OHDSI_still2

Still from OHMSDI video

The data:

http://doi.org/10.5061/dryad.8q0s4

A full description of the dataset in Scientific Data:

http://www.nature.com/articles/sdata201626

 

— Juan M. Banda

Sci-Hub stories: Digging into the downloads

The following is a guest post from science journalist John Bohannon. We asked him to give us some background on his recent dataset in Dryad and the analysis of that data in Science. What stories will you find in the data? – EH

_______

Scihub_raven

Sci-Hub is the world’s largest repository of pirated journal articles. We will probably look back and see it as inevitable. Soon after it became possible for people to share copyrighted music and movies on a massive scale, technologies like Napster and BitTorrent arrived to make the sharing as close to frictionless as possible. That hasn’t made the media industry collapse, as many people predicted, but it certainly brought transformation.

Unlike the media industry, journal publishers do not share their profits with the authors. So where will Sci-Hub push them? Will it be a platform like iTunes, with journals selling research papers for $0.99 each? Or will Sci-Hub finally propel the industry into the arms of the Open Access movement? Will nonprofit scientific societies and university publishers go extinct along the way, leaving just a few giant, for-profit corporations as the caretakers of scientific knowledge?

There are as many theories and predictions about the impact of Sci-Hub as there are commentators on the Internet. What is lacking is basic information about the site. Who is downloading all these Sci-Hub papers? Where in the world are they? What are they reading?

48 hours of Sci-Hub downloads. Each event is color-coded by the local time: orange for working hours (8am-6pm) and blue for the night owls working outside those hours.

Sometimes all you need to do is ask. So I reached out directly to Alexandra Elbakyan, who created Sci-Hub in 2011 as a 22 year-old neuroscience graduate student in Kazakhstan and has run it ever since. For someone denounced as a criminal by powerful corporations and scholarly societies, she was quite open and collaborative. I explained my goal: To let the world see how Sci-Hub is being used, mapping the global distribution of its users at the highest resolution possible while protecting their privacy. She agreed, not realizing how much data-wrangling it would ultimately take us.

Two months later, Science and Dryad are publicly releasing a data set of 28 million download request records from 1 September 2015 through 29 February 2016, timestamped down to the second. Each includes the DOI of the paper, allowing as rich a bibliographic exploration as you have CPU cycles to burn. The 3 million IP addresses have been converted into arbitrary codes. Elbakyan converted the IP addresses into geolocations using a database I purchased from the company Maxmind. She then clustered each geolocation to the coordinates of the nearest city using the Google Maps API. Sci-Hub users cluster to 24,000 unique locations.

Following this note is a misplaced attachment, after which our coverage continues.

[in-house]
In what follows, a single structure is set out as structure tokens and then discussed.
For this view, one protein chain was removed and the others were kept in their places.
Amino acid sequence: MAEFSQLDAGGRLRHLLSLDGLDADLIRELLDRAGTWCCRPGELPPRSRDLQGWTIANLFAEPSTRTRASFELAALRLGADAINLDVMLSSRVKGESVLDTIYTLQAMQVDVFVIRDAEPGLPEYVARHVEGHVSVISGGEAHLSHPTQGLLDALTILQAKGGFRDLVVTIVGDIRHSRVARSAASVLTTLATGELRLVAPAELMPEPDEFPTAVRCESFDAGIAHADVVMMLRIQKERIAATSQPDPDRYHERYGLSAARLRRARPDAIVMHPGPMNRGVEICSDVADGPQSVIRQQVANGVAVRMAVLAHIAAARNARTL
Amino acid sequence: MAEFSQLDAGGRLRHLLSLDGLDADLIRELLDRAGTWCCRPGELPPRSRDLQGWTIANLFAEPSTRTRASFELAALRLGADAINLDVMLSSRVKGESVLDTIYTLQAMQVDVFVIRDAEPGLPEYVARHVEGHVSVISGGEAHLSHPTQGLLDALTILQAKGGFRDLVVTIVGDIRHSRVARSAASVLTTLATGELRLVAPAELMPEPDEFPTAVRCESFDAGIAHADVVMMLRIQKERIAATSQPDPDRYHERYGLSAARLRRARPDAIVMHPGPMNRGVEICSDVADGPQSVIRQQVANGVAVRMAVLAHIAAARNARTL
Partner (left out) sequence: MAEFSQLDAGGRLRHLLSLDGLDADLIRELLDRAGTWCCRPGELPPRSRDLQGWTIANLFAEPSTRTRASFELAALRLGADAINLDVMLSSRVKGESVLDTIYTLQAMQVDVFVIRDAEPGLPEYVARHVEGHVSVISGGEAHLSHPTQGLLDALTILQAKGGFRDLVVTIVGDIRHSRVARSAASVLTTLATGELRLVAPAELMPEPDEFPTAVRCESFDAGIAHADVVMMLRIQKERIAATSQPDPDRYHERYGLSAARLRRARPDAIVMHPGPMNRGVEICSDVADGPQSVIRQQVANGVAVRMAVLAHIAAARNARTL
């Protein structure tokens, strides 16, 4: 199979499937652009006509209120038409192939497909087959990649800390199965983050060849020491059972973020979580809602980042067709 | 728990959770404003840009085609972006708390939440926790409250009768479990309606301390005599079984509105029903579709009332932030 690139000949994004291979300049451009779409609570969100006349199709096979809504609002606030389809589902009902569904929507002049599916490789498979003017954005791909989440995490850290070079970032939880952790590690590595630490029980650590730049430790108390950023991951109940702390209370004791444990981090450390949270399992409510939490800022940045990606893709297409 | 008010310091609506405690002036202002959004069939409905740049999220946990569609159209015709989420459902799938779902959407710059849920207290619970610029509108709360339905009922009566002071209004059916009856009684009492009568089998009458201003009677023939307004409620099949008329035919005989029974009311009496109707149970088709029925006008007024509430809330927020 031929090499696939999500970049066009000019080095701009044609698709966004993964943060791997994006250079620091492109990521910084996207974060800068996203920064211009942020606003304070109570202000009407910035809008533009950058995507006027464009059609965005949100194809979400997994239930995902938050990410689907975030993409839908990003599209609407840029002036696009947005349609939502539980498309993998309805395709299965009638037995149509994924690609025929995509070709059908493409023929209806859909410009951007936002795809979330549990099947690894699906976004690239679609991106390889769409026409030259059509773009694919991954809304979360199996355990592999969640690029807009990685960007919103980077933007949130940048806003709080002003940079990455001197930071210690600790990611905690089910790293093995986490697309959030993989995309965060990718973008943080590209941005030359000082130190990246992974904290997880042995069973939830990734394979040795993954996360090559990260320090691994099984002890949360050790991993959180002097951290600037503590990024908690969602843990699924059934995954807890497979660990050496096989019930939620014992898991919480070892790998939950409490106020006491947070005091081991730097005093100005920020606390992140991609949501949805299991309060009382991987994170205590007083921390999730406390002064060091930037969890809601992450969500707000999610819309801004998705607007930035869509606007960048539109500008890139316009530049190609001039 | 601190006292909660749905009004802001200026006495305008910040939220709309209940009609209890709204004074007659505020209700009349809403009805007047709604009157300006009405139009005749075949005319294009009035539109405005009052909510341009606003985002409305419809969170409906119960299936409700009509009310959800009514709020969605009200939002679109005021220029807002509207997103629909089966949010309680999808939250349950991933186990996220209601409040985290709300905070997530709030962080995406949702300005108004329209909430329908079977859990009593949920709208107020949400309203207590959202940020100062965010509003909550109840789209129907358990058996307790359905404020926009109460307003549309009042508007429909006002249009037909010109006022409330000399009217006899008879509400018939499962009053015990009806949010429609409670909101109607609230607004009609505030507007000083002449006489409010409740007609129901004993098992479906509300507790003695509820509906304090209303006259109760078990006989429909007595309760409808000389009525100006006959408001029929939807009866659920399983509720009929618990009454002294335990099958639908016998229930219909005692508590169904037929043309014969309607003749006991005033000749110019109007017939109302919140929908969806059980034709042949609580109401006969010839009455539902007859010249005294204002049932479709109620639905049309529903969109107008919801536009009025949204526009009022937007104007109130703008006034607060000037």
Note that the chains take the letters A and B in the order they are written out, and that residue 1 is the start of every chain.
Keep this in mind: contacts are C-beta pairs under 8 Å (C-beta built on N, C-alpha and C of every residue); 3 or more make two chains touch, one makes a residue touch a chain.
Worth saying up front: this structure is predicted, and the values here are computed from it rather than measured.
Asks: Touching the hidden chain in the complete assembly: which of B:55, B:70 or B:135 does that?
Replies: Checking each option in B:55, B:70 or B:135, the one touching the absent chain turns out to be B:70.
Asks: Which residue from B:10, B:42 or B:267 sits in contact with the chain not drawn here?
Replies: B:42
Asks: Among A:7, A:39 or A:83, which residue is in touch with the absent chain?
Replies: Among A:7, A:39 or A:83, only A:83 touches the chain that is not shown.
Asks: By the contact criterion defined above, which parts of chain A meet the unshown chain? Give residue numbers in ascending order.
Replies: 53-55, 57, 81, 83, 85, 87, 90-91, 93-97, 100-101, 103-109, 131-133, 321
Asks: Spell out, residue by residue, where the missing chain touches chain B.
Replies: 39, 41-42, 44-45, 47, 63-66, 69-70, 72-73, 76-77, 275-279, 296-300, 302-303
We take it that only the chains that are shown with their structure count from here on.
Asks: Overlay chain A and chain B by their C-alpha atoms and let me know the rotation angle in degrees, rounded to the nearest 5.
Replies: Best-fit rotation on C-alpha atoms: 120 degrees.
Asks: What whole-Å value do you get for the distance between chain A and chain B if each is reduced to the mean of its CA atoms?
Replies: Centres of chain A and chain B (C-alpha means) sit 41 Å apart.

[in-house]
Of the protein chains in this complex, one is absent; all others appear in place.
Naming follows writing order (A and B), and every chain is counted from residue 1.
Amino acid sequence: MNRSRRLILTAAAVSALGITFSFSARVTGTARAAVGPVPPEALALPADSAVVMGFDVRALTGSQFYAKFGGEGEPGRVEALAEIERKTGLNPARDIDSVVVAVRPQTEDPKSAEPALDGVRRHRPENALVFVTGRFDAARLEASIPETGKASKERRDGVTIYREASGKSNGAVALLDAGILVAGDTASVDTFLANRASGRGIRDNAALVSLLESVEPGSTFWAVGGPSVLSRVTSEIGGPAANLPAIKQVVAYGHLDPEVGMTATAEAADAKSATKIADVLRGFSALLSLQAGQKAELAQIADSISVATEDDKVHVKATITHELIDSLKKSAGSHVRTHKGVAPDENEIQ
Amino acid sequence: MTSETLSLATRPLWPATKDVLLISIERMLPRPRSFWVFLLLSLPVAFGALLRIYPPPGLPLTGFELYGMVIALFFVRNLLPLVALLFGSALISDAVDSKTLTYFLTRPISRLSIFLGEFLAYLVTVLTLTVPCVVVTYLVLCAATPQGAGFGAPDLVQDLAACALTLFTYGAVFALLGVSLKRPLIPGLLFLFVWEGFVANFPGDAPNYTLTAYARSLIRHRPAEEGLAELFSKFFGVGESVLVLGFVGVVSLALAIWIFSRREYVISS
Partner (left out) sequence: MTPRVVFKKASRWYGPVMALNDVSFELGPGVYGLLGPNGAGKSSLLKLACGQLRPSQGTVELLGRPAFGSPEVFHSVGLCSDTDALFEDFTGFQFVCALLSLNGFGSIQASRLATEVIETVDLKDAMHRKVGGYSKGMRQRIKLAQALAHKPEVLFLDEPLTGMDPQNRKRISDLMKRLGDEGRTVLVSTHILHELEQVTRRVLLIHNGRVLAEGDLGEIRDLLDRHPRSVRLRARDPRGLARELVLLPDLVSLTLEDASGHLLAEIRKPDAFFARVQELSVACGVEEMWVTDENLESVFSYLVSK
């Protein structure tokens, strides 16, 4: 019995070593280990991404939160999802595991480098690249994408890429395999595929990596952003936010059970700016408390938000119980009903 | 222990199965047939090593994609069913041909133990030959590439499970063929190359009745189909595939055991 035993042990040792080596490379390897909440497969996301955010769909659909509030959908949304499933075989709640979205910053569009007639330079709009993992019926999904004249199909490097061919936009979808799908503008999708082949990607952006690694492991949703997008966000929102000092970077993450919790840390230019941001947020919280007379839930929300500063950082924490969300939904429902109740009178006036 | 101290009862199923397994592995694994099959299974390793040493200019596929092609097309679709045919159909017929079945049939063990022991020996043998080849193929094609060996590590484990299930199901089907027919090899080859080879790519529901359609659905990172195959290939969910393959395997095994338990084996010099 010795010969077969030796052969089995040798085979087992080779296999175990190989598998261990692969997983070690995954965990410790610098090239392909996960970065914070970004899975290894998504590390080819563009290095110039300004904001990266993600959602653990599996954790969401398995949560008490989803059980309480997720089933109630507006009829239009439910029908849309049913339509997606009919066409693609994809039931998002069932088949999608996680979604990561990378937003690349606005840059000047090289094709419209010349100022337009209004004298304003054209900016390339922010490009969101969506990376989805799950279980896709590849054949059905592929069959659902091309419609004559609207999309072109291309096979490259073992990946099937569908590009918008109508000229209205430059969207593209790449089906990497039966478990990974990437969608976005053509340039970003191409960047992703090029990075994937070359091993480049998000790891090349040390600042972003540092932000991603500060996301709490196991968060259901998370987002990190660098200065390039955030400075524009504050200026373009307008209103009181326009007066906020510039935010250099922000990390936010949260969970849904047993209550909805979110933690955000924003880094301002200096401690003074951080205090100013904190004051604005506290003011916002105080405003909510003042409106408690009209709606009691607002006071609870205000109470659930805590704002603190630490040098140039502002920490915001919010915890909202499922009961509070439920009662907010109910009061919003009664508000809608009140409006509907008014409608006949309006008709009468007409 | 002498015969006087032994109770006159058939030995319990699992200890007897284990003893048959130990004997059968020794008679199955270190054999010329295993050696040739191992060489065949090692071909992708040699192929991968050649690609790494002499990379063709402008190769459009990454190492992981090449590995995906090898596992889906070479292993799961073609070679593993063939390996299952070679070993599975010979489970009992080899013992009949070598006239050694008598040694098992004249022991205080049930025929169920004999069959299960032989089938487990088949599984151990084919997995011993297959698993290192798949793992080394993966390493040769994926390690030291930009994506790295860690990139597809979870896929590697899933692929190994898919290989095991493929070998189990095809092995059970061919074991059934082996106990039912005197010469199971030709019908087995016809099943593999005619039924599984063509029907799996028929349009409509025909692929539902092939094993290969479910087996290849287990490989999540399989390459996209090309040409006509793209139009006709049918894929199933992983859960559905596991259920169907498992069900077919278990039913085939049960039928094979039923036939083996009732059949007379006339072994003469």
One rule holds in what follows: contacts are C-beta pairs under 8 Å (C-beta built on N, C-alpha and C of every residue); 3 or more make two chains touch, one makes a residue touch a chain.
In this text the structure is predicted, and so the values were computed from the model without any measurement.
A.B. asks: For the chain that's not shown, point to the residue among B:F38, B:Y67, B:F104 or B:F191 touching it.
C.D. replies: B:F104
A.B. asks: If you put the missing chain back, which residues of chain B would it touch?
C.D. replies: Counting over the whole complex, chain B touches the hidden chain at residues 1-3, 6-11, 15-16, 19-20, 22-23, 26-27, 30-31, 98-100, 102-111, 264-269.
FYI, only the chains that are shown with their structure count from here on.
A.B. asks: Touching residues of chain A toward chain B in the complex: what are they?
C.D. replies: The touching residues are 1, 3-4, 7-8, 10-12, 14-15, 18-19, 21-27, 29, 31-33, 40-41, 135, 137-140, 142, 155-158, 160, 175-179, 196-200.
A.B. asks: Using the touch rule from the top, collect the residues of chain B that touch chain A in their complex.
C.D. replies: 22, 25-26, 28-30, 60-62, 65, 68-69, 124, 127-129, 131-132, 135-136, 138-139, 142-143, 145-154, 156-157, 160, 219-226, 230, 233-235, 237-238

The big take-home? Sci-Hub is everywhere. Most papers are being downloaded from the developing world: The top 3 countries are India, China, and Iran. But the rich industrialized countries use Sci-Hub, too. A quarter of the downloads came from OECD nations, and some of the most intense download hotspots correspond to the campuses of universities in the US and Europe, which supposedly have the most comprehensive journal access.

But these data have many more stories to tell. How do the reading habits of researchers differ by city? What are the hottest research topics in Indonesia, Italy, Brazil? Do the research topics shift when the Sci-Hub night owls take over? My analysis indicates a bimodal distribution over the course of the day, with most locations surging around lunchtime, and the rest peaking at 1am local time. The animated map above shows just 2 days of the data.

Something everyone would like to know: What proportion of downloaded articles are actually unavailable from nearby university libraries? Put another way: What is the size of the knowledge gap that Sci-Hub is bridging?

Download the data yourself and let the world know what you find.

The data:

http://dx.doi.org/10.5061/dryad.q447c

My analysis of the data in Science:

http://www.sciencemag.org/news/2016/04/whos-downloading-pirated-papers-everyone

 

 — John Bohannon

2015 stats roundup

2015While gearing up for the Dryad member meeting (to be held virtually on 24 May – save the date!) and publication of our annual report, we’re taking a look at last year’s numbers.